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Forum topic by Joshua Oehler posted 08-04-2014 03:36 PM 882 views 0 times favorited 9 replies Add to Favorites Watch
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Joshua Oehler

169 posts in 1157 days


08-04-2014 03:36 PM

Topic tags/keywords: question

I have been trying to decide for a month or so now how I am going to go about building a new entertainment center for my living room. I have finally decided that I am going to go with a maple/cherry combo. Although I wish I had the money to do the entire thing out of solid wood it is just not going to be feasible for me. I am going to have to use ply for the case work. My problem is I would really like to incorporate curly maple & curly cherry into the project. Whenever I see furniture pieces that use these woods they are typically done completely with these woods or just as an accent piece here or there. What I am thinking is to do the case work out of ply but using curly for all of the wood faces and door/drawers ect. I am worried about this not looking right though and it possibly looking better out of just straight clear wood. Does anything have any thoughts/suggestions on this or maybe some pictures that show this being done?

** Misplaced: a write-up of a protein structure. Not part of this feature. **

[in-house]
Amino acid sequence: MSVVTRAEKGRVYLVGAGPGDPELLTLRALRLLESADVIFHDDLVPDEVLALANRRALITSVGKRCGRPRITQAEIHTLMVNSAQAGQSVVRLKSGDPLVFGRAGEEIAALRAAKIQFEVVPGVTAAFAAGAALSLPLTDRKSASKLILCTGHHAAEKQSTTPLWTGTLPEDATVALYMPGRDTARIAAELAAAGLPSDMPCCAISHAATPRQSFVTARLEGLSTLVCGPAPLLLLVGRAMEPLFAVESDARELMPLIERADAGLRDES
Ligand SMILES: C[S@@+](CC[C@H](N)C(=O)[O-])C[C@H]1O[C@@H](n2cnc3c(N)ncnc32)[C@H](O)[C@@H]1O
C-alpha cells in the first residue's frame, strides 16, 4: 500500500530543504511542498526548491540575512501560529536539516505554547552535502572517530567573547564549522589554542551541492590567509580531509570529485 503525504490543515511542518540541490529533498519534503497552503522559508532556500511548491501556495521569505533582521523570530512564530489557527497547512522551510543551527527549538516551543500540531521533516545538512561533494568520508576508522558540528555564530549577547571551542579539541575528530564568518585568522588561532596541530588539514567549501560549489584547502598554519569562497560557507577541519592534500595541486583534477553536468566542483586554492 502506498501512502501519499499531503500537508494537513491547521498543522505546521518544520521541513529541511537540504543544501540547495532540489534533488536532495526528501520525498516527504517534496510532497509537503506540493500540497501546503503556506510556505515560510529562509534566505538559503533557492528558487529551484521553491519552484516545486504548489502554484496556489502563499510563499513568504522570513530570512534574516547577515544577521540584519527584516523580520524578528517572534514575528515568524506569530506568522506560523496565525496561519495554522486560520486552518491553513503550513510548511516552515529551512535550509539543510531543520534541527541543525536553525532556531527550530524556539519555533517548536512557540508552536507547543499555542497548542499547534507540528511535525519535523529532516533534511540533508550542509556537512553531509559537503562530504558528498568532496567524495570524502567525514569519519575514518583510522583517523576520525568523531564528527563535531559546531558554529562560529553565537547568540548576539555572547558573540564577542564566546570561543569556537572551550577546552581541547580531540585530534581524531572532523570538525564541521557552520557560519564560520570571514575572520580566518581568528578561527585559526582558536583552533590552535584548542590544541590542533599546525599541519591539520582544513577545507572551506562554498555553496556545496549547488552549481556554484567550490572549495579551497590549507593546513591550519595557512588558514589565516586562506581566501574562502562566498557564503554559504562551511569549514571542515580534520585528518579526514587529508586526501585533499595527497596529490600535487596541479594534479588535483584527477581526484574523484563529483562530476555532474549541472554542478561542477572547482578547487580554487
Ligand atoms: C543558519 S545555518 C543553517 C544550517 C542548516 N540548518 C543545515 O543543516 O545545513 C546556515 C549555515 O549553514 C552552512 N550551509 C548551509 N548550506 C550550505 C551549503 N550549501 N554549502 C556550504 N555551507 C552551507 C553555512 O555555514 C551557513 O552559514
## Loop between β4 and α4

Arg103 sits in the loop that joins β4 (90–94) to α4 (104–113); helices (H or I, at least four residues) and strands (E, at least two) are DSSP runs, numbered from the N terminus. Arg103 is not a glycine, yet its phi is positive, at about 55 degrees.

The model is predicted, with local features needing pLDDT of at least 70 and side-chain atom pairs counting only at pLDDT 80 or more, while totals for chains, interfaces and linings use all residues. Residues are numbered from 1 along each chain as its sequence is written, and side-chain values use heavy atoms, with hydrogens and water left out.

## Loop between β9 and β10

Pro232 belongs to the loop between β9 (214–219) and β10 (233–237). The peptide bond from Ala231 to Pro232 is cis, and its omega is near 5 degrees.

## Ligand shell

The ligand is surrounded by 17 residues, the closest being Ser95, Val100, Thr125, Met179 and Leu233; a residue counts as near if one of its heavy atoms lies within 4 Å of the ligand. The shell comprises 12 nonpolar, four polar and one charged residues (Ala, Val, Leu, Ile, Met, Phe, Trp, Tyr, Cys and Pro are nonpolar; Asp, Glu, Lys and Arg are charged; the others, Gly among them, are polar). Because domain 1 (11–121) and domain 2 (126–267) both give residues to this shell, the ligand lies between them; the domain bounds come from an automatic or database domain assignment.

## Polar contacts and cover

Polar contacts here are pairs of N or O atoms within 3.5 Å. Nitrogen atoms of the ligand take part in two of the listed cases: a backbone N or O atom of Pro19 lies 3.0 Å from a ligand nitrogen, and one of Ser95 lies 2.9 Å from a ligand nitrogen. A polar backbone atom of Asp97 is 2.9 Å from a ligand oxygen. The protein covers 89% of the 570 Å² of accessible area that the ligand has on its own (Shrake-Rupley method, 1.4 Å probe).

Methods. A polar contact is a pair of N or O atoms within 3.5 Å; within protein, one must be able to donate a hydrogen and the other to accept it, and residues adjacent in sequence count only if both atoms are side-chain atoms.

-- - "But old news can change, as memories float downstream. So don't judge me by my failures, only by my dreams"


9 replies so far

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Earlextech

1159 posts in 2157 days


#1 posted 08-04-2014 04:01 PM

Look at anything on my projects page! This is standard practice for those of us in the real world. Completely solid wood projects are few and far between. Especially in casework like you are describing. Ply for the boxes and solid wood for the frame, doors, drawer fronts and trim.